Mark Thoma however takes a different view and feels that given the stagnant wages, rise in inequality, loss of health care and retirement benefits, and decreased job security, low and middle-income Americans may not feel that the benefits of globalization has not been proportionately shared.
He writes, "We need to find a way to distribute the gains (and the pains) of globalization so they are shared more equally, to increase opportunity so that everyone has the chance to reach their full potential, and we need to reverse the declines in economic security, retirement benefits, and health care coverage that have occurred for middle and lower income households over recent decades."
Some others have cited the Stolper-Samuelson theorem to explain the rising wage inequality in the US and other developed countries. This theorem states that "a rise in the relative price of a good will lead to a rise in the return to that factor which is used most intensively in the production of the good, and conversely, to a fall in the return to the other factor". Alternatively, trade lowers the real wage of the scarce factor of production, while protection from trade raises it.
Therefore, an increase in the relative price of American exports to cheaper Asian imports, will lead to higher returns for capital (which is more intensively deployed in US exports) and lower returns for the other factor, labour. To quote Wikipedia, "Unskilled workers producing traded goods in a high-skill country will be worse off as international trade increases, because, relative to the world market in the good they produce, an unskilled first world production-line worker is a less abundant factor of production than capital."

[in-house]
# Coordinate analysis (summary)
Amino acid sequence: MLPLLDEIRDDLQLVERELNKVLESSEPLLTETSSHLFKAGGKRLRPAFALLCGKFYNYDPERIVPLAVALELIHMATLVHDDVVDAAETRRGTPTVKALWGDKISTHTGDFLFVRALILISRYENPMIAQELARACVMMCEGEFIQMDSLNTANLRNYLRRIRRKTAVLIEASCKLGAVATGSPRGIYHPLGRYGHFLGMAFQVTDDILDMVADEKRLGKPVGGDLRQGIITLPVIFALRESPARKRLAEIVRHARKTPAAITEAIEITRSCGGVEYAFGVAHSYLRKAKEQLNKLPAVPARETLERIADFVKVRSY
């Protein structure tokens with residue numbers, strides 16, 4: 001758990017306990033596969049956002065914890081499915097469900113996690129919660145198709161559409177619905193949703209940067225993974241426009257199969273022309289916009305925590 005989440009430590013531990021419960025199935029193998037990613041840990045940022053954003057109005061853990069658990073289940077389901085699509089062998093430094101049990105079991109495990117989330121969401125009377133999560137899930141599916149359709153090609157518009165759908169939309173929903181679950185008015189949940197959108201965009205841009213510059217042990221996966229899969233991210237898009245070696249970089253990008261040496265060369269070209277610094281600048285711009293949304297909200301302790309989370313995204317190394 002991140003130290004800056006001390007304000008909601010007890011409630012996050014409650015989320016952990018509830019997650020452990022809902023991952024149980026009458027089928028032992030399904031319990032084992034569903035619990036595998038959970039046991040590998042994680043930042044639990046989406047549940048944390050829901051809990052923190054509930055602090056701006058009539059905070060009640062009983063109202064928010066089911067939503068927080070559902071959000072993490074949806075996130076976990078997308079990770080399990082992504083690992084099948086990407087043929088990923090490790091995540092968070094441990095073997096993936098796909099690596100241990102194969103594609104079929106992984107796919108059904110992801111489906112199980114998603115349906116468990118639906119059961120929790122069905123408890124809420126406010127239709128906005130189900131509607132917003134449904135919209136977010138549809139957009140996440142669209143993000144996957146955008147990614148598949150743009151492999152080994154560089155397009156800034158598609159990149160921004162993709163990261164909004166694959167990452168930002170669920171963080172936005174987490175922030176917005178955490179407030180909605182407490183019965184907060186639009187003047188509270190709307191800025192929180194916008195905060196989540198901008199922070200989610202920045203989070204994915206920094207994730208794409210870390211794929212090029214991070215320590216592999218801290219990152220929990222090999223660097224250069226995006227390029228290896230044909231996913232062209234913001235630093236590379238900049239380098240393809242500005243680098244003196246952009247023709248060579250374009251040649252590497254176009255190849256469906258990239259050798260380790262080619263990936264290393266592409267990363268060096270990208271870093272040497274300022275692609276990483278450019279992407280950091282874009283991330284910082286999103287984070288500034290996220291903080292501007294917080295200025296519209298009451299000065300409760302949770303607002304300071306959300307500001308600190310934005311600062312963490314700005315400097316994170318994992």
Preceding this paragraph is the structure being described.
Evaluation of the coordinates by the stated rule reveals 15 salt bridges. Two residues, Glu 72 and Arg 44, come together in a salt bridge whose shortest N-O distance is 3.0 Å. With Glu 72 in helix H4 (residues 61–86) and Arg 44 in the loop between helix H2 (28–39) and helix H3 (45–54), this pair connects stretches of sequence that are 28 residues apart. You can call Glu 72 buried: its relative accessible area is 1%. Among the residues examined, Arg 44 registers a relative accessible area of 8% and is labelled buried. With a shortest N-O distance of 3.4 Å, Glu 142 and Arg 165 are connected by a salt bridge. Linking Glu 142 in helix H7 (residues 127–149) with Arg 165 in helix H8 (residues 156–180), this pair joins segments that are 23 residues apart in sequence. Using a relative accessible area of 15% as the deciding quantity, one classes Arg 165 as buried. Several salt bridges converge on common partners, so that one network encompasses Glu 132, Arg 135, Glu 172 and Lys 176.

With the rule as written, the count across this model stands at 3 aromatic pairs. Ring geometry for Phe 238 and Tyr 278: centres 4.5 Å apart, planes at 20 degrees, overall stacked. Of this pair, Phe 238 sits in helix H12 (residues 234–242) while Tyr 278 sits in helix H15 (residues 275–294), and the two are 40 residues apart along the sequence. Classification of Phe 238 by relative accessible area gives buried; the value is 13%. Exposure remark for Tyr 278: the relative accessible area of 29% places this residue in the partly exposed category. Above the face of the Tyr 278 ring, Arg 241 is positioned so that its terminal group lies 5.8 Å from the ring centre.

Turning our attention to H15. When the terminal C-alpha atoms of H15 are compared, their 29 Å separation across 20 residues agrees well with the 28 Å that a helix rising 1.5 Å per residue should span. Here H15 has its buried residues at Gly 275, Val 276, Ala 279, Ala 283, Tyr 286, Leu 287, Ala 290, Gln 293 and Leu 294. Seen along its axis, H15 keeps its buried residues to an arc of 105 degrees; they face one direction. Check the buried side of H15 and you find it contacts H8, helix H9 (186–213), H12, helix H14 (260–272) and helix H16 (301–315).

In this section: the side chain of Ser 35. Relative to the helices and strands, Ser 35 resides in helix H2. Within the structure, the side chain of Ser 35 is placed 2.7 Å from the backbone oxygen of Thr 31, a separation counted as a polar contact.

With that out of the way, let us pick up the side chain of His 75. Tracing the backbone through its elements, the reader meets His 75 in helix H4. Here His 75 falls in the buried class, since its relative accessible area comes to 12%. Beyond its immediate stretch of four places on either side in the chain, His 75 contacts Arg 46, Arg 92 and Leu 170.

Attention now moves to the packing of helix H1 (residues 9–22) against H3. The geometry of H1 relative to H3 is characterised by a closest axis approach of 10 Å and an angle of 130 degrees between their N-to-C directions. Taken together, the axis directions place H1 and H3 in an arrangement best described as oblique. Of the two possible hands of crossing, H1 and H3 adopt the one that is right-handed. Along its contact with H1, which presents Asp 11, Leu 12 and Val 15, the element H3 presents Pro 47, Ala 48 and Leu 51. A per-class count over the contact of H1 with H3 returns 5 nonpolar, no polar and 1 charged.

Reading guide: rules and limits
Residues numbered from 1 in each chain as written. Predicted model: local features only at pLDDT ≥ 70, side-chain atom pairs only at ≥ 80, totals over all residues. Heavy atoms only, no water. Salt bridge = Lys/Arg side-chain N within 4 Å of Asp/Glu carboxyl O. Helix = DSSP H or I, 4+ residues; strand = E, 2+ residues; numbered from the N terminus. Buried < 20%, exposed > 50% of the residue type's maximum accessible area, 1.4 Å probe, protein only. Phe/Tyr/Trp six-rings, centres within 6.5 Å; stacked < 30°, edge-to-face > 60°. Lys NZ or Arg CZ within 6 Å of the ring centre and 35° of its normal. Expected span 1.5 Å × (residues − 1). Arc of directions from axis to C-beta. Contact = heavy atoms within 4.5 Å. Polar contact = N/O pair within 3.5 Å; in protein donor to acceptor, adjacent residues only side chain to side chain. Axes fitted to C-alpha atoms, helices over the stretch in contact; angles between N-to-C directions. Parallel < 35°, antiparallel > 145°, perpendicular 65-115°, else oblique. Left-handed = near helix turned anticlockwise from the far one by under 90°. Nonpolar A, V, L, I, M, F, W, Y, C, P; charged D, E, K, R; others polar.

It is therefore claimed that if the removal of barriers to trade causes the price of exported goods to increase (relative to imports), and if the exported goods use skilled labor intensively, then the price of skilled labor (the wage) will go up, and that of unskilled labor will go down.
But this may only be part of the story, since the other side of Stolper-Samuelson theorem reveals that in the Asian economies, the opposite effect dominates when export prices rise. Since their exports are more labour intensive, the returns to labour rises while the returns for capital falls.
The whole debate ultimately boils down to identifying which of the two effects - work migration and downward wage pressure on American workers, and cheaper produce for American consumers - pre-dominate. While Surowiecki argues in favor of the later, Mark Thoma and Krugman feels that the former pre-dominates.
As Tim Worstall points out, the importance of trade lies in the undeniable fact that while relative poverty is increasing in the rich countries, it is at the same time abolishing absolute poverty in the poor ones.
There are also convincing studies to indicate that changing economic environment and technology may play critical roles in determining wage inequality. Dani Rodrik calls attention to the work of Robert Feenstra and Gordon Hanson, who show that global "production sharing" has the same effect as skill-based technological change in shifting demand away from low-skilled activities, while raising the relative demand and wages of the higher skilled. Lawrence Katz and Claudia Godin have made out a brilliant case that the rising inequality in the US can be accounted for by rising educational wage differential.